Ontario Wine: People are talking, and talking… Called People are Talking, the largest LCBO promotion of Ontario wine in history kicks off this weekend, with a wide-reaching program of in-store tastings and spotlighting of new and old wines. It is impressive on paper – 142 wines highlighted (whatever that means) at LCBO stores, with 24 new wines among them. There will be 1,200 in-store tastings, and they will be out collecting consumer testimonials at the same time. Vintages is releasing 21 local wines this Saturday (see my picks below), and has published a long conversation among its buyers, sommeliers and writers.

But so much of this, like other regional promotions at the LCBO, is smoke and mirrors – or perhaps I should say, just talk. Where are price reductions that would really drive traffic? Where are the political initiatives to really help local wines by creating stand-alone Ontario wine stores? As it is now, most Ontario wine is not available at the LCBO, and most wineries can otherwise only sell out of their tasting rooms or on-line with direct delivery to restaurants and individuals, (while B.C. wineries by comparison have four retail streams). There is indeed a lot of excitement and talk around the wine quality itself; but until government gets itself out of the way too few people will be exposed to what Ontario is capable of doing.

And here at WineAlign we are talking about Ontario wine too. Colleague John Szabo has penned a terrific piece on WineAlign called Does Buying Local Make Sense?, in which he very cogently tackles complex issues around diversity, quality, value and the importance of “necessary” wines in Ontario. And I have published an opinion piece in Grapevine magazine titled: Canadian Wine’s Coming Freedom from Over-Regulation, arguing that due to the quality now being achieved it is indeed time for governments, and even Canada’s VQA program, to back off and let we consumers decide which Canadian wines we can buy, as well as decide where, when and how we want to do that. We are paying the freight. The full text is at grapevinemagazine.ca.

2027 Cellars Falls Vineyard Riesling 2011Bachelder Niagara Chardonnay 2010Featherstone Cabernet Franc 2010Norman Hardie County Unfiltered Pinot Noir 2010

As you read these pieces, open any of the following wines from the September 15th release, and it will all make a lot more sense. Vintages has done a good job focusing squarely on the five wines/styles Ontario does best – riesling, chardonnay, pinot noir, cabernet franc and icewine/late harvest. Riesling is well represented with four strong candidates, but I particularly liked the tension and depth of 2027 Falls Vineyard 2011 Riesling from Vinemount Ridge ($18.95). Among the chardonnays, Bachelder 2010 Niagara Chardonnay, Niagara Peninsula ($29.95) is a brilliant and thoroughly modern example of Ontario’s potential with this grape. Featherstone 2010 Cabernet Franc, also from Niagara Peninsula ($16.95) is also a great example of new thinking around this plentiful grape, (and I can let you in on a little secret that 27 Ontario cabernet francs have won medals at the 2012 Canadian Wine Awards, including four golds). And finally, although I found the Niagara pinots on this release a bit difficult, I am very pleased with the slim, tidy and long finishing Norman Hardie 2010 County Unfiltered Pinot Noir from Prince Edward County ($35.00). My full review is also in the Vintages magazine.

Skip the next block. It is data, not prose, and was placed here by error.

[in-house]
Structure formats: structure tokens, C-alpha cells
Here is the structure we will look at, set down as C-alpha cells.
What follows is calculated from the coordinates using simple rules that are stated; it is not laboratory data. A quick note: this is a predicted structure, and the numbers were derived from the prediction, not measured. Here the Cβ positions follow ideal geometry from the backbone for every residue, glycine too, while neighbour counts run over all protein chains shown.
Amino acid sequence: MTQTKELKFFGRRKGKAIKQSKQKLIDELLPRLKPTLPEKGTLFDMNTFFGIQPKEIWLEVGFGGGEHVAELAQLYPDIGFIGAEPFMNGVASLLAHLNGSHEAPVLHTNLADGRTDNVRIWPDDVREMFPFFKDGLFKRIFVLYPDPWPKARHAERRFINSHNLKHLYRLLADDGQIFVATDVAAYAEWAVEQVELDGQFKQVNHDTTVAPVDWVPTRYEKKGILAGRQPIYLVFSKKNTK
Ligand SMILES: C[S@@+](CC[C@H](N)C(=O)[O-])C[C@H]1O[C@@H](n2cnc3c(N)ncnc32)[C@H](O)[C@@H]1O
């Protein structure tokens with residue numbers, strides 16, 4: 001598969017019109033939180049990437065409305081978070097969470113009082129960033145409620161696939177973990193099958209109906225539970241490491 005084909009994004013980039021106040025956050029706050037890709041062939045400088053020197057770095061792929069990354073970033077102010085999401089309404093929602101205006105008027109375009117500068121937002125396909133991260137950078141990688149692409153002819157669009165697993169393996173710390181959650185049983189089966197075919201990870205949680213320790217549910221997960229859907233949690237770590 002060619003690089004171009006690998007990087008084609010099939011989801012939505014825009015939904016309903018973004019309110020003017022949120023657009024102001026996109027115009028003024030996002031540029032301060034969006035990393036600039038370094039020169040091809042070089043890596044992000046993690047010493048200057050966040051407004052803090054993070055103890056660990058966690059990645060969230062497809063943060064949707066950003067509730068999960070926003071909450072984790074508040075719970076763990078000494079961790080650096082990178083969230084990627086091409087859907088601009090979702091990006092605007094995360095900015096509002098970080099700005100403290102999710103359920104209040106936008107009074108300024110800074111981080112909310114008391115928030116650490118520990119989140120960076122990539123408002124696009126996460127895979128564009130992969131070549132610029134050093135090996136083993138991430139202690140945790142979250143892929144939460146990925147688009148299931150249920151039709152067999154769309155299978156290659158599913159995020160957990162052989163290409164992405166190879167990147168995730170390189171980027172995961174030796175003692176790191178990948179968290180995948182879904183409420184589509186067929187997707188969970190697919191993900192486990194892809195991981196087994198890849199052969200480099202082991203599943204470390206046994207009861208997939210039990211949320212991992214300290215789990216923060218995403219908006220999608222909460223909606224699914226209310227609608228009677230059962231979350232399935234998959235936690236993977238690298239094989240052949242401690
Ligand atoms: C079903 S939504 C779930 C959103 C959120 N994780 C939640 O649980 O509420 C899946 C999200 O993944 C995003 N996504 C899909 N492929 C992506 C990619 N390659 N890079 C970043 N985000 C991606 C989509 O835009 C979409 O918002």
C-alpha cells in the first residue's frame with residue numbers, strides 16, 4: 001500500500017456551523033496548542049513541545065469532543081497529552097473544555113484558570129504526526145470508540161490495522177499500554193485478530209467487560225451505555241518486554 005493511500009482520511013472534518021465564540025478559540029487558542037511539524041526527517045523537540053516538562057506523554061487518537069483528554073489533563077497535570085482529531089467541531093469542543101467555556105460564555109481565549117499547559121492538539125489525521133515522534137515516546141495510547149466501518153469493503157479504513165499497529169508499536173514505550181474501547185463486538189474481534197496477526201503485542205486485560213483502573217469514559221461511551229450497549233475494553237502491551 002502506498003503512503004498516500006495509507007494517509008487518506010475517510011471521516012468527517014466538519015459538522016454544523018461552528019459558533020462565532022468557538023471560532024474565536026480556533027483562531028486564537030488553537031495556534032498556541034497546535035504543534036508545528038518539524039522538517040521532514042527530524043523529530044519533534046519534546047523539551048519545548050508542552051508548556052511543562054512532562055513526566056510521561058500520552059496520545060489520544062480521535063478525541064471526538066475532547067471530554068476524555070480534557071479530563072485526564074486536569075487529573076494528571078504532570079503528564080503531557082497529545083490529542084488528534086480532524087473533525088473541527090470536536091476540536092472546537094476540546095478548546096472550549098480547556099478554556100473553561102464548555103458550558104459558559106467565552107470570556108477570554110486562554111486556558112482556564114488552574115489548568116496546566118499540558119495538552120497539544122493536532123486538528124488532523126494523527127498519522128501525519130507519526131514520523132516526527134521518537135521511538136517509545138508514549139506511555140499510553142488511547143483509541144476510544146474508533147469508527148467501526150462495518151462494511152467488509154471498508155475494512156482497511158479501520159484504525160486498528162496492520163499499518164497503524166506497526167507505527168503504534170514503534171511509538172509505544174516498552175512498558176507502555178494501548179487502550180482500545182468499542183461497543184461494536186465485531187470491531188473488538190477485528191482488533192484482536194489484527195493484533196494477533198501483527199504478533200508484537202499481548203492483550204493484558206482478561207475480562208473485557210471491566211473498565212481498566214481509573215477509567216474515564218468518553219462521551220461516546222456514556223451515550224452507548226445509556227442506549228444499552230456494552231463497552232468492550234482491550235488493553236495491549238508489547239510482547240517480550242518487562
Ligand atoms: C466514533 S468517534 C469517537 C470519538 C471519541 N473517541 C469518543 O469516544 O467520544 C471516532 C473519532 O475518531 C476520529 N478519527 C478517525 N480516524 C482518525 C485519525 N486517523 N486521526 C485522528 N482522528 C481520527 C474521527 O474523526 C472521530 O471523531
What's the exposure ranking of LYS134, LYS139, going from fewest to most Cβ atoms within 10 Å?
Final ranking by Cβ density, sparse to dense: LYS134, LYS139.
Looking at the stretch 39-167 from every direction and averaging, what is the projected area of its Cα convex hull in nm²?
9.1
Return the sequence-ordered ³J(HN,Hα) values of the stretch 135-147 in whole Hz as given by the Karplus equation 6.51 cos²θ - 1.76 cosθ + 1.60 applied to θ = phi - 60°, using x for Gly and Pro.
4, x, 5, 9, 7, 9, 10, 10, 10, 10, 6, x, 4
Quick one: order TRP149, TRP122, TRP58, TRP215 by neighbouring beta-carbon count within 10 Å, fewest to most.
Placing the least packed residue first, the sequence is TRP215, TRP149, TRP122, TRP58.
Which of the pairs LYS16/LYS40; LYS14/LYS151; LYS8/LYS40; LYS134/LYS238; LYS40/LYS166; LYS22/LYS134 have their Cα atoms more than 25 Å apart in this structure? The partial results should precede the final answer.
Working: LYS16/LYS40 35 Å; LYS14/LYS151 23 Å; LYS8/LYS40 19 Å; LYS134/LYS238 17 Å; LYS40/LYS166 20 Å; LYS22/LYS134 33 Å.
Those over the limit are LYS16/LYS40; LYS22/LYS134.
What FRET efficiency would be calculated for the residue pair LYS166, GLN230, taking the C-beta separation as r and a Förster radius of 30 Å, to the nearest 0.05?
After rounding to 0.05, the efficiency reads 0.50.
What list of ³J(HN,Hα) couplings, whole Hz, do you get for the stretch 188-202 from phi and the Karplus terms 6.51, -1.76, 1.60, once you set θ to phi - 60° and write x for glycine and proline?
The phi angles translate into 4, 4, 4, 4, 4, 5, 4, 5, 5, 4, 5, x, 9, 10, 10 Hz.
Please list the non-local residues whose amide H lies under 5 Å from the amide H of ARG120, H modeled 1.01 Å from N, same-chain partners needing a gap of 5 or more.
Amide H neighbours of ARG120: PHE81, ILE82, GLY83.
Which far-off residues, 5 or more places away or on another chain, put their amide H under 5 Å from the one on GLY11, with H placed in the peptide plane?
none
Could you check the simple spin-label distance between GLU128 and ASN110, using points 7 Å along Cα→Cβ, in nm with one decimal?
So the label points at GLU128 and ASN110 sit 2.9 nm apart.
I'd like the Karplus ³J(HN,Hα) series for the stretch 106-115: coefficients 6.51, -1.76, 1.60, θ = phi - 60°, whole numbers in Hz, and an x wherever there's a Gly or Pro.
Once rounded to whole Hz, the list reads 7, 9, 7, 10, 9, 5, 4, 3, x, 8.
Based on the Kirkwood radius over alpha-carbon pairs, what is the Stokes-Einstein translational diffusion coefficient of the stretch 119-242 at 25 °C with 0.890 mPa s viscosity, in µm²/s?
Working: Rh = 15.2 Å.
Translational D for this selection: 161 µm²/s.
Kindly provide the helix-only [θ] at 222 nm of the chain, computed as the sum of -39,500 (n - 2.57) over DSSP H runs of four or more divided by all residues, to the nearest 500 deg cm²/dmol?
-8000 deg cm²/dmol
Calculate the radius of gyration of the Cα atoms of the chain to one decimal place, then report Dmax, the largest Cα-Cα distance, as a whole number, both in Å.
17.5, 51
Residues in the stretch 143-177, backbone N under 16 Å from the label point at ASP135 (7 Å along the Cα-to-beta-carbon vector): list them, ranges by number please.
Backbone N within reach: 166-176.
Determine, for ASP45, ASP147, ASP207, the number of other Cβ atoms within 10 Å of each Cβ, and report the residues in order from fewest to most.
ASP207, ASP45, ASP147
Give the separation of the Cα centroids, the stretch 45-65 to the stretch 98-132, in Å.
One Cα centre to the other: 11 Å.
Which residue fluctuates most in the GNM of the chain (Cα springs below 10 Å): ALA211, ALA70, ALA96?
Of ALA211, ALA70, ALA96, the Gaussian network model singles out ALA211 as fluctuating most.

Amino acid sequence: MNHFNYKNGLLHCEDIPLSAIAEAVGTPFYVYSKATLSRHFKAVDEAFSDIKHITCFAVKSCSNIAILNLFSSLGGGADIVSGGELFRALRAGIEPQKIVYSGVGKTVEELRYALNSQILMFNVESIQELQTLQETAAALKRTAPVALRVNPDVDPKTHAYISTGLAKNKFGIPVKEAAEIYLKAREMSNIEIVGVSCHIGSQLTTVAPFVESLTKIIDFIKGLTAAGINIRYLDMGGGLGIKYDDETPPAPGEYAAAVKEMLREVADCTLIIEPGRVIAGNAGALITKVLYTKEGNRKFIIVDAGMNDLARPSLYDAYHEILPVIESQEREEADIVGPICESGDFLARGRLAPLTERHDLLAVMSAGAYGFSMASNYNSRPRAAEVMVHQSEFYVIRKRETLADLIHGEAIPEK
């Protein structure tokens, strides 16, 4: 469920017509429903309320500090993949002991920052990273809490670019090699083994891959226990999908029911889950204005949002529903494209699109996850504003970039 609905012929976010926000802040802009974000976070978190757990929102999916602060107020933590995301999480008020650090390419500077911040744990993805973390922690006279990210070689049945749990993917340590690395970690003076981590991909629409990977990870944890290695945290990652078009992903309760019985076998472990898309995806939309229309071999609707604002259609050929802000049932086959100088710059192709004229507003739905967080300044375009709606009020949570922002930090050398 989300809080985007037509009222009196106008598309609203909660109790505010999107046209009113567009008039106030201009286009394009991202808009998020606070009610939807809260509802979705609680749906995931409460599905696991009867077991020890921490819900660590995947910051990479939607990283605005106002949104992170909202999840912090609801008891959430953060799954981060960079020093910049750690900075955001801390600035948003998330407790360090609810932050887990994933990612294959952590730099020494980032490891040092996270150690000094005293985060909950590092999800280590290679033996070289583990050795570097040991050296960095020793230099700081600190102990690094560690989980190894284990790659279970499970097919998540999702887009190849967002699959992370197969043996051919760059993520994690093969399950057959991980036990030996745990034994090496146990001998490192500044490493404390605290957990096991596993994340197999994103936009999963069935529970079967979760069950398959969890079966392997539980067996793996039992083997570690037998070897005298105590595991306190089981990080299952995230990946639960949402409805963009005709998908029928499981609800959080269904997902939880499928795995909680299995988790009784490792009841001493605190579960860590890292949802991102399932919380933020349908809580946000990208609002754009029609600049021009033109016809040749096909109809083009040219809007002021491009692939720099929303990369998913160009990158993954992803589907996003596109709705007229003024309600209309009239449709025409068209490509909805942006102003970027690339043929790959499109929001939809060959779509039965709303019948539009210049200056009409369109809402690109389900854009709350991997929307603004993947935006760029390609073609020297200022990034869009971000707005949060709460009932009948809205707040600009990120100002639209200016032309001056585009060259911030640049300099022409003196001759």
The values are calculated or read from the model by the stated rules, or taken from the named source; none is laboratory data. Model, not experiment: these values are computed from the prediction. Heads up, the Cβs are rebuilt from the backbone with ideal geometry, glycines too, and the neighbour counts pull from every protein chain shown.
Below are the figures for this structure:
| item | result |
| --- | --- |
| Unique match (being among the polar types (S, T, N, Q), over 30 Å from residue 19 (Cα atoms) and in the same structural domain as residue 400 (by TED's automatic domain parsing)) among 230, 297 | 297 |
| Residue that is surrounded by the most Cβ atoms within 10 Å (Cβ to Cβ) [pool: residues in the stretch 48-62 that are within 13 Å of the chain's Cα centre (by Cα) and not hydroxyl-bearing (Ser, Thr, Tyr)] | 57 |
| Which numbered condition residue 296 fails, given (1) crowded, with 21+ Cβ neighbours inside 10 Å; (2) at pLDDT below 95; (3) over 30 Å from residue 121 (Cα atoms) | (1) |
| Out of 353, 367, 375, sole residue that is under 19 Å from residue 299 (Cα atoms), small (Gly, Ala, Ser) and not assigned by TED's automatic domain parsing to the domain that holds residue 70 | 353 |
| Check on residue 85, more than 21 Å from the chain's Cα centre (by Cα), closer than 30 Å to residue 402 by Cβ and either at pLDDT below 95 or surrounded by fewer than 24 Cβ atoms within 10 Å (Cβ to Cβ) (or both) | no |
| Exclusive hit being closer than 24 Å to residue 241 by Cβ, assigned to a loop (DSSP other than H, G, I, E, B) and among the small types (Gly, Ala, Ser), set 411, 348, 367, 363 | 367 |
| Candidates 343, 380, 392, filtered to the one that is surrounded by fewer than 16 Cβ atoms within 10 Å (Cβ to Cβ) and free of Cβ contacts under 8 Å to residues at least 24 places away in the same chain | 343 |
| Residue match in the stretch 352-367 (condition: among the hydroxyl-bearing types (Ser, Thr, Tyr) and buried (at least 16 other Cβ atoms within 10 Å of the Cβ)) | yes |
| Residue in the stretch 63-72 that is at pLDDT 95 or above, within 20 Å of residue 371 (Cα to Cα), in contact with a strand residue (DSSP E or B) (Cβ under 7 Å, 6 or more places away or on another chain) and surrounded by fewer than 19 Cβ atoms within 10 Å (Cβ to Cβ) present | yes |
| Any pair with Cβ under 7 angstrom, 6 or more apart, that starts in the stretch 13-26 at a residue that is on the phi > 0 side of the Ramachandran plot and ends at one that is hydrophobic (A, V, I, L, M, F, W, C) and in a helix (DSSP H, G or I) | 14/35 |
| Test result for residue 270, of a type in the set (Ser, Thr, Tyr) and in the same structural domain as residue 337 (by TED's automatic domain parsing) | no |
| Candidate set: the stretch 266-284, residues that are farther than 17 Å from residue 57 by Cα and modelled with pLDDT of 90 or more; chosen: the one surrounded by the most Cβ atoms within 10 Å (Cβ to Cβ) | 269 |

Wolf Blass’ Great Cabernet Blend Taste-Off

If you have been partaking of the Toronto International Film Festival you are likely aware that Australia’s Wolf Blass is the exclusive wine sponsor. Ontario has been a key market for Wolf Blass over the years, often a launching pad for new brands, and for several years Yellow Label was the top-selling wine at the LCBO, at any price. So Wolf Blass himself has been in red-carpet-ville much of this week, along with chief winemaker Chris Hatcher. They used the occasion of TIFF to conduct a most interesting tasting on Tuesday, where 30 top, most respected Cabernet Sauvignon blends of the 2008 vintage from Bordeaux, Australia, California and Chile were blind tasted by ten wine writers and sommeliers assembled from across Canada. The same tasting was held in Melbourne two weeks ago and next month will be replicated in London, England.

Chris Hatcher - Winemaker

Chris Hatcher, Wolf Blass

It was not billed as “competition” but of course blind tasting by its nature engenders competition, and yes, Wolf Blass Black Label ranked number one, to which Chris Hatcher said “thanks for that mates”. It was picked ahead of all the first growths of Bordeaux, most of super-second growths, Opus One and Insignia from California and Almaviva from Chile. What I enjoyed most about this exercise was simply trying to delineate which regions the wines were from, and I was right at least 50% of the time. But I was surprised about how many Bordeaux I picked as New World wines, even in a more spare vintage like 2008. Bordeaux loves to talk about its classicism and sense of place, but some examples wore so much new oak, and fully ripened structure that it was hard to pin them as Bordeaux. And on the other side of the ledger the New World examples were trying to dial back the ripeness and oak in search of elusive Bordeaux restraint.